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Posts Tagged ‘Hugh Maynard’

This is the second collaboration between British musical theatre team George Stiles & Anthony Drewe and American book writers Ron Cowan & Daniel Lipman and it’s just as quintessentially British as their previous offering, Betty Blue Eyes (a musical adaptation of the Alan Bennett film A Private Function). This musical adaptation of Graham Greene’s novel isn’t as good as the previous show, but it still has much to commend it.

I rather wish I’d had an Aunt Augusta; someone to lead you astray, show you the world and encourage you to live life to the full, as she does with her somewhat old, recently retired nephew Henry Pulling. Come to think of it, I didn’t really need an Aunt Augusta. Their adventures take them from London on trains, boats and planes to Paris, Milan and Istanbul, and even further afield to Argentina and Paraguay, where she is at last reunited with her former lover Visconti. It lends itself well to musical adaptation and the songs are particularly good at emphasising the location of scenes. I wouldn’t say it was a great score, but it’s OK. The feel of the novel is maintained and the characterisations are spot on.

Patricia Hodge is perfectly cast as Aunt Augusta – stern, strong willed and more than a bit naughty. She’s not really a singer, but her sung dialogue seemed in keeping with the character. Steven Pacey also perfectly captures the conservative Henry, more than a bit dull, torn between continuing to be stuck in the mud and being led astray, but plumping for the latter in the end. In a fine supporting cast, I particularly liked Hugh Maynard’s Wordsworth, the life and soul of the party. Colin Falconer’s clever design anchors it in an old-fashioned railway station, with the band in an elevated signal box, a waiting room that moves, destination board and those iconic cast iron pillars. His costumes are great too. Christopher Luscombe’s staging benefits from the intimacy of the Minerva Theatre.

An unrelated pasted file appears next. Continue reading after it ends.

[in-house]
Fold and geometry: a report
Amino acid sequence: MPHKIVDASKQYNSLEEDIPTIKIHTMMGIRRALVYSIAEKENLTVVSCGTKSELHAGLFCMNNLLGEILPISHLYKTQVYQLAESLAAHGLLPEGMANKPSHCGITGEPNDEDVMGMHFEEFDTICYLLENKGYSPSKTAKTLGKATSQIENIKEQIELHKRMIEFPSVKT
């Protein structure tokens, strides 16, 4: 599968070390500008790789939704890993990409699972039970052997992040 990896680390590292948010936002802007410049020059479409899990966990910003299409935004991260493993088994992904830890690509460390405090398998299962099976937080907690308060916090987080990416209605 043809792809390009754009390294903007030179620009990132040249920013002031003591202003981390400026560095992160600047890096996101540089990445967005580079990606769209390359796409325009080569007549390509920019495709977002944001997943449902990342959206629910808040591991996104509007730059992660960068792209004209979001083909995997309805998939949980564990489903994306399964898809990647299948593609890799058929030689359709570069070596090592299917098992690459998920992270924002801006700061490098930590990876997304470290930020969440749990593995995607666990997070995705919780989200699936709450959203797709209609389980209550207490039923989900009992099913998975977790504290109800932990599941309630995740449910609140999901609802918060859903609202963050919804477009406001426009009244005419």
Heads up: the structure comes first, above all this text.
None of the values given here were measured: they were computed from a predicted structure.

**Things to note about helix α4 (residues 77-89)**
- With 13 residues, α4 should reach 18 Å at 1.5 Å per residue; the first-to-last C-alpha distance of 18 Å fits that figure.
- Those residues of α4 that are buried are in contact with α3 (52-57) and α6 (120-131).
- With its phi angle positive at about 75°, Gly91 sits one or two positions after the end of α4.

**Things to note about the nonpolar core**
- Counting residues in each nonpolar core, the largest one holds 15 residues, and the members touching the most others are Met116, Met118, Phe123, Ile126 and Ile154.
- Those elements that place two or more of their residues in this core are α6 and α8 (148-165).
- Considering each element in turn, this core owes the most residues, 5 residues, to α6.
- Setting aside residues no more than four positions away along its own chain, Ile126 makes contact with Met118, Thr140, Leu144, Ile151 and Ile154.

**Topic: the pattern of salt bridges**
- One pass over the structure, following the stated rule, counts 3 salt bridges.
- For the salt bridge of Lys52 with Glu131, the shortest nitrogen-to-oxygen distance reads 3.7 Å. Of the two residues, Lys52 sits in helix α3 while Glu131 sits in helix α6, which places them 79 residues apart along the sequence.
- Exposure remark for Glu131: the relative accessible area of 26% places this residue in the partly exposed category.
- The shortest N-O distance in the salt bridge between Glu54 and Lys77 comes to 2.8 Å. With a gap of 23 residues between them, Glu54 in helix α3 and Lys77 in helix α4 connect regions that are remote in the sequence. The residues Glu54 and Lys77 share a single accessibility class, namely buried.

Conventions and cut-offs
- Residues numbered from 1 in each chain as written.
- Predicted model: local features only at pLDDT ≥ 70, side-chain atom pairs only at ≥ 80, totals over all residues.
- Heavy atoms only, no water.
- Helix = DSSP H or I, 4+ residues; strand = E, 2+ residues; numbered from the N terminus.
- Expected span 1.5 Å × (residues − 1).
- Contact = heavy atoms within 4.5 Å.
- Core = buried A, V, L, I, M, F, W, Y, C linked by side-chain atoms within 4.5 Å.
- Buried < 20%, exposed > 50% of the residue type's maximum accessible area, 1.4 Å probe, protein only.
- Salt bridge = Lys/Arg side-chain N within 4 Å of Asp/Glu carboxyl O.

I’m not sure why it doesn’t quite sparkle, but there’s enough to make it a worthwhile adaptation and a decent night out.

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I’ve been apprehensive about seeing this new production lest it tarnishes my memory of multiple visits to the much loved original in the late 80’s / early 90’s, but a January offer saw me succumb and now I’m both relieved and happy that it has scrubbed up so well, reinvented for a new generation.

Of course it isn’t an original premise, it’s Puccini’s Madam Butterfly, but moving it from Japan to Vietnam and forward a century or so to the end of the Vietnam War is inspired. It’s very effective in telling the story of those effected by war, both local people and armed forces. The relationship of GI Chris with local girl Kim isn’t unusual, and their son is one of tens of thousands of bui doi, the children of such relationships, who weren’t recognised by the US until 13 years after the war ended, just before this show was first produced. The war still seemed recent then, but I suspect many seeing it today will be saying ‘what war?’. Above all of course it’s a love story and a personal tragedy, though I felt the backdrop had more of a visceral edge this time round. It’s also racier, with much more bare flesh on show!

I liked the design concept with bamboo spilling out of the proscenium and a realistic rather than idealised contemporary oriental feel. It’s a beautiful, lush (pucciniesque!) score and here it’s beautifully played by a 16 piece orchestra. There’s not much chance of a repeat of the controversy of Cameron Mackintosh’s original white casting – particularly Welshman Jonathan Pryce playing The (Vietnamese) Engineer! as it’s packed full of East Asian actors. Philipino Jon Jon Briones really is outstanding as The Engineer, though he’s in danger of overplaying what seemed to be occasional unscripted ad libs. This is Eva Noblezada’s professional debut, so we shouldn’t expect seasoned acting, but there’s no doubting the power and beauty of her singing. Both Alistair Brammer as Chris and Hugh Maynard as John deliver in both the acting and vocal departments, though I wish the latter would dump his X-Factor moment at the end of Bui Doi. We don’t see much of Thuy in the second half, but Kwang-Ho Hong impresses in the first half.

It impressed me more than it moved me, but Laurence Connor’s revival fully justifies it’s West End presence and it was good to see it again after all these years.

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